'Dad?' said the middle child in his morning voice. His morning voice is pretty much the same as his normal voice, it just tends to be a little more serious because he's not quite fully fit yet. This morning, however, it was serious and awake.
'Yes?' the dad replied.
'I'm a mind reader.'
'Really? What am I thinking?'
Middle child screwed up his face in concentration. 'Mmm... sausages and bacon?'
A fair guess for the middle child, who had been eyeing the dad's rounded tummy. The dad laughed dutifully before replying: 'Of course, the standard answer should be, 'Not much!'' The dad laughed at his own joke.
Middle child looked up at his dad. Seriously. 'What do you mean?'
'It's a joke,' said the dad. 'Like saying that there's not much going on in someone's head.'
Smallest child paused and looked up at the dad again, his eyes squinting in the sun.
'I don't get it,' said middle child.
'You tell someone that you can read minds, right?' Middle child nodded. 'And then when they ask what they're thinking, you tell them, 'Not much!''
'It's a joke.'
'Because it's funny.'
The dad waved one hand in the air uncertainly and started walking again. He moved as quickly as he could while holding smallest child's hand so as to get away from the question; the only answer he had was, Because it is, and he knew that this would get him another Why? from middle child. And the youngest child was looking like he was ready to join in. A stereo Why? was not the soundtrack for any time of the day, let alone the morning school run. 'It's a bit like teasing,' he said. 'Friendly teasing amongst friends.'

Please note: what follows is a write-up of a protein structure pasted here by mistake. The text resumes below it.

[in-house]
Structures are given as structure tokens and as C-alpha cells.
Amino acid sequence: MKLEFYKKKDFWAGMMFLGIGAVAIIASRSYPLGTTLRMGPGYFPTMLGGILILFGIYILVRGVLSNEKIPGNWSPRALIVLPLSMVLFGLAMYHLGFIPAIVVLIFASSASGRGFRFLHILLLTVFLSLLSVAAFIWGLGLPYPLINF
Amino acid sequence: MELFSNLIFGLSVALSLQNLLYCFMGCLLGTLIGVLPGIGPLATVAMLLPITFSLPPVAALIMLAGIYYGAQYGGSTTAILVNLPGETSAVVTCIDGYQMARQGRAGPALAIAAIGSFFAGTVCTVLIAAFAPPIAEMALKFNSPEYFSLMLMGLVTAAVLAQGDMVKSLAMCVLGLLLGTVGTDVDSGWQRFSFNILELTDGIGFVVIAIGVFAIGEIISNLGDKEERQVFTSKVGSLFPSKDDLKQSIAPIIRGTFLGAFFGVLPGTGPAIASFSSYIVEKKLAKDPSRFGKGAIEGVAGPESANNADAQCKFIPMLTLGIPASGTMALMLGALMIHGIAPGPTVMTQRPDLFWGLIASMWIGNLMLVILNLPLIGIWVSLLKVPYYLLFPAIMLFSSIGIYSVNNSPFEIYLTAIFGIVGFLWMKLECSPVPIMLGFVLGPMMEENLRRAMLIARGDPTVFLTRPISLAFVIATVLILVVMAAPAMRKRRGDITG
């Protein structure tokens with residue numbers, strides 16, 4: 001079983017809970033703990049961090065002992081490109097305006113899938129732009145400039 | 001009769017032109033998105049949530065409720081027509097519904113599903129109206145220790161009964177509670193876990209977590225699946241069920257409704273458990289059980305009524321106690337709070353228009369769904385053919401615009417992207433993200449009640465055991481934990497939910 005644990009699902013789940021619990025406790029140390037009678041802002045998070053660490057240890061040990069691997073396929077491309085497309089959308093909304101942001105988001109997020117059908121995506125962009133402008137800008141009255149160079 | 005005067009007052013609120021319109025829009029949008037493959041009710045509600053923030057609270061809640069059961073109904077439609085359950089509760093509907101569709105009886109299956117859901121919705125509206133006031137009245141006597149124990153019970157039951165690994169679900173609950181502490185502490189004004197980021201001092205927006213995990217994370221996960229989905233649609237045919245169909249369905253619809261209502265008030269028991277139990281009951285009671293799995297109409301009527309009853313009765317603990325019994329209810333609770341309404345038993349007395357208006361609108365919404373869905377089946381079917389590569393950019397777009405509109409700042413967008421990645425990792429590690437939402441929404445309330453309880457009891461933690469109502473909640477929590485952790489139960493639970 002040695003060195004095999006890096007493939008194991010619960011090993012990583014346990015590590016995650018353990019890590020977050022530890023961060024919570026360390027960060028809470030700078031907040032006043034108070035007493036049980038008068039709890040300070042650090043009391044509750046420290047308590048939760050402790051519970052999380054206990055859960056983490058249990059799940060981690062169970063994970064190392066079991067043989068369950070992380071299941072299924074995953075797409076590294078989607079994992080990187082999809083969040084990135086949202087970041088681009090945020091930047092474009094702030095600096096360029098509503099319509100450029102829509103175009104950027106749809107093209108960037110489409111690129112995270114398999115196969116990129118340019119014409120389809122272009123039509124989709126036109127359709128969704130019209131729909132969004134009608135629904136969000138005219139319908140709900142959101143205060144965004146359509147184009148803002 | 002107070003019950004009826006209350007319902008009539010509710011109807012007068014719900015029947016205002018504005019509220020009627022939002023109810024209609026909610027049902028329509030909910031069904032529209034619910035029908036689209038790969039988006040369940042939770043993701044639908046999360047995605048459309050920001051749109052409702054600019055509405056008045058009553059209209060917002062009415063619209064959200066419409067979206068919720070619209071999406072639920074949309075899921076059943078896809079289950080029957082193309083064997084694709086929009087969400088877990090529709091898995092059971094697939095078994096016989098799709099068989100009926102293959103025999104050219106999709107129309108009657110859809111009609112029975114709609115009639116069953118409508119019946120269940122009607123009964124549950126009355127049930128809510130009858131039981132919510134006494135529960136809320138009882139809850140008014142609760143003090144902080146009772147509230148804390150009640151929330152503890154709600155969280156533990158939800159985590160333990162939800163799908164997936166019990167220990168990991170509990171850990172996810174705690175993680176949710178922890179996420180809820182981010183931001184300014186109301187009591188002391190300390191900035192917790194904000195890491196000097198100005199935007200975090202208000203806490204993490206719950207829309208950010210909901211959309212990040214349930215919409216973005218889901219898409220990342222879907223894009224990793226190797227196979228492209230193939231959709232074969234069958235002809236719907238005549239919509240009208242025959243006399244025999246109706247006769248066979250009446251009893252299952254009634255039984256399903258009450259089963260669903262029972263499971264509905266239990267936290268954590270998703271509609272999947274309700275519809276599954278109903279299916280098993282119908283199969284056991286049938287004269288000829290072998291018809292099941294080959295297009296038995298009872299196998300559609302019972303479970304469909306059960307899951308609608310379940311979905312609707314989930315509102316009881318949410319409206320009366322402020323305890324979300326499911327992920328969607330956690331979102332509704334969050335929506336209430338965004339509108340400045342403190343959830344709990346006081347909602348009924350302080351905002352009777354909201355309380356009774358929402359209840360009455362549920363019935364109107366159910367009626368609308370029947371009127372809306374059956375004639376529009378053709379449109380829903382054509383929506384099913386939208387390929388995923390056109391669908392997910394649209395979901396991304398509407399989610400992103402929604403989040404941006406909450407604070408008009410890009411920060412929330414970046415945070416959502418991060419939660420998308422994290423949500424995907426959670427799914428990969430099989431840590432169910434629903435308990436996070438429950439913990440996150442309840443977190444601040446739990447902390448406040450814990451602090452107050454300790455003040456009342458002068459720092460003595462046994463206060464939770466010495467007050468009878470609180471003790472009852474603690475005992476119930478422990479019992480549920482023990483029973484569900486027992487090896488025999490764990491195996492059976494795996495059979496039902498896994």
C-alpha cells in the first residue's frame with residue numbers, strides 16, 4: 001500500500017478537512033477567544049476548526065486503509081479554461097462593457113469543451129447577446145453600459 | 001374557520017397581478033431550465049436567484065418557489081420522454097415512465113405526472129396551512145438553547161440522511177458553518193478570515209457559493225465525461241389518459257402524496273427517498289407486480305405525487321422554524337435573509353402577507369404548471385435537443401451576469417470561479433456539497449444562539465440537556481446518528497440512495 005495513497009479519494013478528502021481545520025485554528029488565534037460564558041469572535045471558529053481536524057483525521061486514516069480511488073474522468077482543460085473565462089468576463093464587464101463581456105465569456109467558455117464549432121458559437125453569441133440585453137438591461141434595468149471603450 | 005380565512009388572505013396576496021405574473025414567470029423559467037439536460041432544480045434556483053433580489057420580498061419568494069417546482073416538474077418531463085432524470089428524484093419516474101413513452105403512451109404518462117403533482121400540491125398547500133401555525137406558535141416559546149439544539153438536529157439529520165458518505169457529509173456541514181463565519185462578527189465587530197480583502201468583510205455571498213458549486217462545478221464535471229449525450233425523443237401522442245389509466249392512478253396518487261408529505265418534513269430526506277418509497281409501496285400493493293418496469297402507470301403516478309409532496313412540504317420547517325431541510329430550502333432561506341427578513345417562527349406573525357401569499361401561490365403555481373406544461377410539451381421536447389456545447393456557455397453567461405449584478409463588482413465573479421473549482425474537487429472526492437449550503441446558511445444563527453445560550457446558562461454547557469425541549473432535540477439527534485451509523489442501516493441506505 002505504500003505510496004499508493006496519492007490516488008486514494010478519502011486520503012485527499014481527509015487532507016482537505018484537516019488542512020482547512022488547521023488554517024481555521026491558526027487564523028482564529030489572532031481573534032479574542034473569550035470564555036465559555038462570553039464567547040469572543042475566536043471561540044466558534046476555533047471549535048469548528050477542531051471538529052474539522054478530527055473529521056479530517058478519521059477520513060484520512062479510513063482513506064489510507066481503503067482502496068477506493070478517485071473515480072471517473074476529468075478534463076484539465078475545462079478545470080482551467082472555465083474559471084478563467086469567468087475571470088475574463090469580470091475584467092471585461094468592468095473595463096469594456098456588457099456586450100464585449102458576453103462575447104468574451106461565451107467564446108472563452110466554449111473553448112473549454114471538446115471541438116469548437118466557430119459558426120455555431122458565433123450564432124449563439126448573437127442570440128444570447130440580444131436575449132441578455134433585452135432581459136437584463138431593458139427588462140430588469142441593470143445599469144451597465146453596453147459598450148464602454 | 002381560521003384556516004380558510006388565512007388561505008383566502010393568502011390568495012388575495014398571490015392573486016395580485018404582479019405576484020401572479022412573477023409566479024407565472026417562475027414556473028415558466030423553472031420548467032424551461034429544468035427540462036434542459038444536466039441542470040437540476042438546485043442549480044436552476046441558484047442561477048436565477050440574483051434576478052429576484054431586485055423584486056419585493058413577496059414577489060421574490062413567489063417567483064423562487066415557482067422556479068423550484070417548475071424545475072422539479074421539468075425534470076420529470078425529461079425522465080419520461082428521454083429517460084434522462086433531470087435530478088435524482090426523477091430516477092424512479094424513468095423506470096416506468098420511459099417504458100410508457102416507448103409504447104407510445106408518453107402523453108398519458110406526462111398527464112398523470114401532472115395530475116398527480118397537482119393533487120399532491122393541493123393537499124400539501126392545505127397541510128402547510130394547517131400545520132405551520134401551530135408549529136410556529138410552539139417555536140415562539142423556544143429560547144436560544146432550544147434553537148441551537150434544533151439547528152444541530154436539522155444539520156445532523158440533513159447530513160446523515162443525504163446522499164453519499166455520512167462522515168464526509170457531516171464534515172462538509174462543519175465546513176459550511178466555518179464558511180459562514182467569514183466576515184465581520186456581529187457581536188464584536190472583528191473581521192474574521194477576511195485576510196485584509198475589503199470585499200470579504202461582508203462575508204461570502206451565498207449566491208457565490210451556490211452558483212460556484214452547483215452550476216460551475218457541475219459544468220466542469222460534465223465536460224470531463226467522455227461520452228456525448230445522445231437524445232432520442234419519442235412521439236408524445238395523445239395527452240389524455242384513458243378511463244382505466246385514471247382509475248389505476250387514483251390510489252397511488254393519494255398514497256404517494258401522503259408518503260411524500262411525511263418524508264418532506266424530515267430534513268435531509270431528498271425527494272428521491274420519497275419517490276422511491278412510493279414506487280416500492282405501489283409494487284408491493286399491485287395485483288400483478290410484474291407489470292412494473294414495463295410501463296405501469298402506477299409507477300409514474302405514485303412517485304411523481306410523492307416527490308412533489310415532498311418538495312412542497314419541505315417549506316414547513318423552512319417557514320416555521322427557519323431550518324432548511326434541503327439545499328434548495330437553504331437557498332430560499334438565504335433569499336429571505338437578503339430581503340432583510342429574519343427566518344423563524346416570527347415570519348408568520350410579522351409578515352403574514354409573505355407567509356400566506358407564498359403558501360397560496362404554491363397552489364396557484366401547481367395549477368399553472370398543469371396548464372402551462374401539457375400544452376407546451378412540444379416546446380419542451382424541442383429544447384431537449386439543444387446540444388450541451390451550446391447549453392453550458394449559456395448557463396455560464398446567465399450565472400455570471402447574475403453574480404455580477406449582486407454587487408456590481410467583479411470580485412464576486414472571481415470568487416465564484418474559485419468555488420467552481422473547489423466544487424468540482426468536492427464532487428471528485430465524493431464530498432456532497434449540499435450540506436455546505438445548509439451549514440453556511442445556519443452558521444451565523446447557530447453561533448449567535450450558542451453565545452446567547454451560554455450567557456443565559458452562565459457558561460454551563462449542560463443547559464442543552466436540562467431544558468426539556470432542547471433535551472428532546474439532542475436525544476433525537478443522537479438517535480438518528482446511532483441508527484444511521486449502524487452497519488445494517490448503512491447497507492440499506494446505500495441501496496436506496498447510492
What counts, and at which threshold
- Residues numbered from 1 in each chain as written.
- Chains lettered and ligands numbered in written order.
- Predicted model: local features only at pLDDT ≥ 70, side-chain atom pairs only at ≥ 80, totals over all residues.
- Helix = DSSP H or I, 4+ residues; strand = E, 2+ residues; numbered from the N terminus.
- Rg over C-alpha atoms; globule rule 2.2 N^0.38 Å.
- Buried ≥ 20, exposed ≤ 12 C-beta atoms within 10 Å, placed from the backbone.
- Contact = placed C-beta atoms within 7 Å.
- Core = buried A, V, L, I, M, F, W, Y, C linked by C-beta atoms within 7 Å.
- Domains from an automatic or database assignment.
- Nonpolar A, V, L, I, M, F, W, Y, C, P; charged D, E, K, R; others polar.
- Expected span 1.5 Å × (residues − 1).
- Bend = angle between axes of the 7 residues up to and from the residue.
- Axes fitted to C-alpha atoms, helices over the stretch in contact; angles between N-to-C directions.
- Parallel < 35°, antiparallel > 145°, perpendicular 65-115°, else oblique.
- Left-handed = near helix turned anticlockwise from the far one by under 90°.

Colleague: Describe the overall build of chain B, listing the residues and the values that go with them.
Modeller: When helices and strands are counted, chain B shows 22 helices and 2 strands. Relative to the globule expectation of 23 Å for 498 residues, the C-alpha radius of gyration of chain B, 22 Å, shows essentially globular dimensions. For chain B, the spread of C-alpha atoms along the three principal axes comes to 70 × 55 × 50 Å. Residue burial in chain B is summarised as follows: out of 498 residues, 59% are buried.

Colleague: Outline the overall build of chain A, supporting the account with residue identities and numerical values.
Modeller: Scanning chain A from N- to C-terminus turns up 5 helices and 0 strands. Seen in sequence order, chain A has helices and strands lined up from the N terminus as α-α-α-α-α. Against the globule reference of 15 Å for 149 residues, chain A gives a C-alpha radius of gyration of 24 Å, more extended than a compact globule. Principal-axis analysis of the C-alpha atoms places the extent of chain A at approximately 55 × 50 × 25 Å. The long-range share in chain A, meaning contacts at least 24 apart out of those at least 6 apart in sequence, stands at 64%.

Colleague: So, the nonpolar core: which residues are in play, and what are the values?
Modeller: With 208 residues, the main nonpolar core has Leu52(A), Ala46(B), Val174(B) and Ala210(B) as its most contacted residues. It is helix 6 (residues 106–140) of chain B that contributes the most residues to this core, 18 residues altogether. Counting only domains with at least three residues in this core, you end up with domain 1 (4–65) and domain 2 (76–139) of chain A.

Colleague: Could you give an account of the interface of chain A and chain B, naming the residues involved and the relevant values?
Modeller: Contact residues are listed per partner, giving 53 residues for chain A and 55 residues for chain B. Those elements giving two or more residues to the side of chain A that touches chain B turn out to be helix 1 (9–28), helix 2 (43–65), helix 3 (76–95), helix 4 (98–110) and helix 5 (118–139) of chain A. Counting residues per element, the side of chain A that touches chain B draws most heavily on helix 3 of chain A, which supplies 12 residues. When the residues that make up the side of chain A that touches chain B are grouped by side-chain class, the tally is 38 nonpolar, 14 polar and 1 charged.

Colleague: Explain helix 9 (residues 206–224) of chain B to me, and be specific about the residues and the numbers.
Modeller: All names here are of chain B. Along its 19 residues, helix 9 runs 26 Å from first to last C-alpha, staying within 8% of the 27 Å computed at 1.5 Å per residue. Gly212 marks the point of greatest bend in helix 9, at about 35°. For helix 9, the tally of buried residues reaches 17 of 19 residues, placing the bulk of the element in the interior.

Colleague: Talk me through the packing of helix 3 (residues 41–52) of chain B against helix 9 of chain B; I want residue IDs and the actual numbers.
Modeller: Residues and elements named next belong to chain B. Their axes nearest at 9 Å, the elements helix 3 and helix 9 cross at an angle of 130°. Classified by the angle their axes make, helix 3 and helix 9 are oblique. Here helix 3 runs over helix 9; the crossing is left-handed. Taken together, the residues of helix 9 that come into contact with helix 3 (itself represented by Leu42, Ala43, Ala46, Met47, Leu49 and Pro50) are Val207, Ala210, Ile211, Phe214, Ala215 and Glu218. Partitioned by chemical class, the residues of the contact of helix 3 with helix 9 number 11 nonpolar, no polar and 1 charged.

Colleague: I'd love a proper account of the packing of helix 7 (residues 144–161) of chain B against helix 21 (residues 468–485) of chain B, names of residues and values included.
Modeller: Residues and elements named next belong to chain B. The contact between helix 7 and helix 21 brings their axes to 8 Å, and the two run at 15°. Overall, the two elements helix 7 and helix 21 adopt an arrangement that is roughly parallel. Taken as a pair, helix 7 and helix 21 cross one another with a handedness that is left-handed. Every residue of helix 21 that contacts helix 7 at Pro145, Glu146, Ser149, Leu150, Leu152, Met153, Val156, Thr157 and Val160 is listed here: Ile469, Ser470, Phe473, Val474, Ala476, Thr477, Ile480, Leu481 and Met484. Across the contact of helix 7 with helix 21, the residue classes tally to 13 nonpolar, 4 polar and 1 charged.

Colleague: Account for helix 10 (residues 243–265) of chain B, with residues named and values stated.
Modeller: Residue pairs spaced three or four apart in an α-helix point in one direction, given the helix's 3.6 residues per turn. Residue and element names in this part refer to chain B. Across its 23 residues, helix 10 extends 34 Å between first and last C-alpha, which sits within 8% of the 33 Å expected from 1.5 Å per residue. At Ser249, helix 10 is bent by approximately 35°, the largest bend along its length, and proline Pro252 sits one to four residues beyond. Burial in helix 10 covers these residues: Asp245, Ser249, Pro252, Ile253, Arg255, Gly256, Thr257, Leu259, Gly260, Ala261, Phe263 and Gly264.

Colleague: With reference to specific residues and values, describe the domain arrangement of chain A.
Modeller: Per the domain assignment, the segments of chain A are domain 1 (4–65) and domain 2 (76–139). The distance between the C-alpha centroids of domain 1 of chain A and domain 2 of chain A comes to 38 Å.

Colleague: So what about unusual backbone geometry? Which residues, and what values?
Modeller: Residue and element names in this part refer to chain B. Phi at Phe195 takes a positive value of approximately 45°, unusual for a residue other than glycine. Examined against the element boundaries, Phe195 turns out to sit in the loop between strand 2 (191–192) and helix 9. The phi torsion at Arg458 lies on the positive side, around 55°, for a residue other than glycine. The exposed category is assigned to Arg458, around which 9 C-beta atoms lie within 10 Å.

Middle child looked thoughtful and then turned on the dad. 'Teasing is mean. You're mean. You're not supposed to be mean. You're my dad.'
'I wasn't teasing you. I was saying you should have said that there wasn't much in my head.'
'Then you were teasing yourself, which means that you were mean to yourself and you were trying to get me to be mean to you, which means that you're mean and you want me to be mean.'
'You're mean,' the middle child repeated.
The yougest laughed at the dad.
'I can't trust you anymore,' said the middle child to the dad.
'Of course you can.'
Middle child shook his head firmly. 'Nope. No trust. Not for you. If I was in a fire I wouldn't let you save me. I'd just burn.'
'I'd get you out,' said the dad.
'No. I wouldn't let you. I'd just burn,'
'I'd grab you and go.'
'But you can't be trusted, so you'd drop me and I'd burn anyway except that I'd have a bumped head from being dropped, so my head would hurt and I'd be burned to death, so I may as well just burn.'
The dad walked in silence for a while. Middle child was clearly still thinking about his imminent fiery death. Youngest was skipping while holding the dad's arm, making the dad's tennis elbow hurt but he never considered telling him to stop.
'Can't trust my own dad,' said the middle child, shaking his head in disappointment. 'It's easier to just burn.'
They turned the final corner and the middle child trotted ahead and disappeared into the playground.
The dad looked down to the youngest who looked back up at him, shrugged, slipped his hand free and jogged to join to his brother.